Movie review: “Kong: Skull Island”

Brad Keefe

Hollywood just can't quit King Kong. Since the 1933 original, it seems every decade or two we'll get another stab at the story of the greatest ape ever. And perhaps it's because they keep monkeying around and never quite get it right.

It's been just over a decade since Peter Jackson took a turn at Kong in an ambitious remake that hit a lot of the right notes but was a marathon with a three-hour running time. I suppose coming off of the “Lord of the Rings” trilogy it didn't occur to him that a movie could be shorter.

“Kong: Skull Island” can't be accused of overstaying its welcome. This is slam-bang, blockbuster filmmaking stuffed with action and eye candy. And even if it's not much more than that, it's tough to not be entertained.

It's 1973 when Bill Randa (John Goodman) arrives in Washington to convince a senator to back his plan for a mission to explore a mysterious, skull-shaped island known as, wait for it, Skull Island. Randa calls it “the land where God didn't finish creation.” The team of explorers that's soon assembled will find out why.

The team includes a former British intelligence agent turned tracker-for-hire (Tom Hiddleston), a photojournalist fresh off of documenting the Vietnam War (Brie Larson) and the leader of the expedition's military escort (Samuel L. Jackson).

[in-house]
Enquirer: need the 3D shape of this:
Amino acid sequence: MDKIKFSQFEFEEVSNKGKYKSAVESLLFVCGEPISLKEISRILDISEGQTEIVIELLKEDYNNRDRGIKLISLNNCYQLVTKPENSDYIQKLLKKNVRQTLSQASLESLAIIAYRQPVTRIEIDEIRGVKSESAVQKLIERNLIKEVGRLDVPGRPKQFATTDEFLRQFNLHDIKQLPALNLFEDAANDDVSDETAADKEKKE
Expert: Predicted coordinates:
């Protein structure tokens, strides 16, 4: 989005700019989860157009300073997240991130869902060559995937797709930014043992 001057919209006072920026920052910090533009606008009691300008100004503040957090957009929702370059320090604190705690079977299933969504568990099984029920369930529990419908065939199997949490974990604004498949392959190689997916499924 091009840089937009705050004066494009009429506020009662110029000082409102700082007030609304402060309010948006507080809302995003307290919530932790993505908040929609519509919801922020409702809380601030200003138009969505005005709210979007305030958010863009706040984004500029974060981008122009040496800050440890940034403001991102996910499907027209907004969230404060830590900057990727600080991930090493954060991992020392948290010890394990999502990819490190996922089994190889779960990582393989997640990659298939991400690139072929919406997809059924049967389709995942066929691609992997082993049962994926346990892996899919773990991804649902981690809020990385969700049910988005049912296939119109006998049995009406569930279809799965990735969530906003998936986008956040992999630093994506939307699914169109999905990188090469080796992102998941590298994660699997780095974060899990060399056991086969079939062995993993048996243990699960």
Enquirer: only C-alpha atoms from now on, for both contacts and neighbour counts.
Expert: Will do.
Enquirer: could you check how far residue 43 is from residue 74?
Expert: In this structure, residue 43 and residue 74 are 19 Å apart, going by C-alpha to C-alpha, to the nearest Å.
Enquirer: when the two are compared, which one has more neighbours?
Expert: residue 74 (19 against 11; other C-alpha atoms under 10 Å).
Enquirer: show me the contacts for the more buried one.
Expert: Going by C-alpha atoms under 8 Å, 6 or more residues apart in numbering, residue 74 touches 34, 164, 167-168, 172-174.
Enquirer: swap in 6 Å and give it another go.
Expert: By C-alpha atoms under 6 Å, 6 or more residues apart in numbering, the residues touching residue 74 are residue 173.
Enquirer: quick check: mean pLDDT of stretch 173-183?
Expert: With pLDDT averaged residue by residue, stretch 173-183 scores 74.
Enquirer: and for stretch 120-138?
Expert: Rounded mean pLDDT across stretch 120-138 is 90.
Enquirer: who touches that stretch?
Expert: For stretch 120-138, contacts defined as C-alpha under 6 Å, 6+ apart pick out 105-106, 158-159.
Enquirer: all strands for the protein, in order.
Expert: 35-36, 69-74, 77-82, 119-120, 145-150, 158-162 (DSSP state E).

Spoiler alert: There's a really big monkey on the island.

“Skull Island” sets up its reimagining of this tale efficiently and effectively, and little time is wasted before we first encounter Kong (rendered in truly impressive CGI). The movie's pace is a fault at times — a little more tension building wouldn't have been a bad thing — but that's also because this movie is packed.

Director Jordan Vogt-Roberts is an interesting choice, with his only other feature being the quirky coming-of-age indie “The Kings of Summer,” but he keeps a lot of plates spinning admirably with doses of comedy and man vs. nature themes levied against lots of big things breaking stuff.

It helps to have that cast, to be sure, although down the final act the action may have overreached the director's skills, as things get too hectic to follow at times.

It may not reach the heights of predecessors, but “Skull Island” succeeds as an unabashed popcorn movie. Oh, and stick around after the credits for this one.

“Kong: Skull Island”

Opens Thursday

3 stars out of 5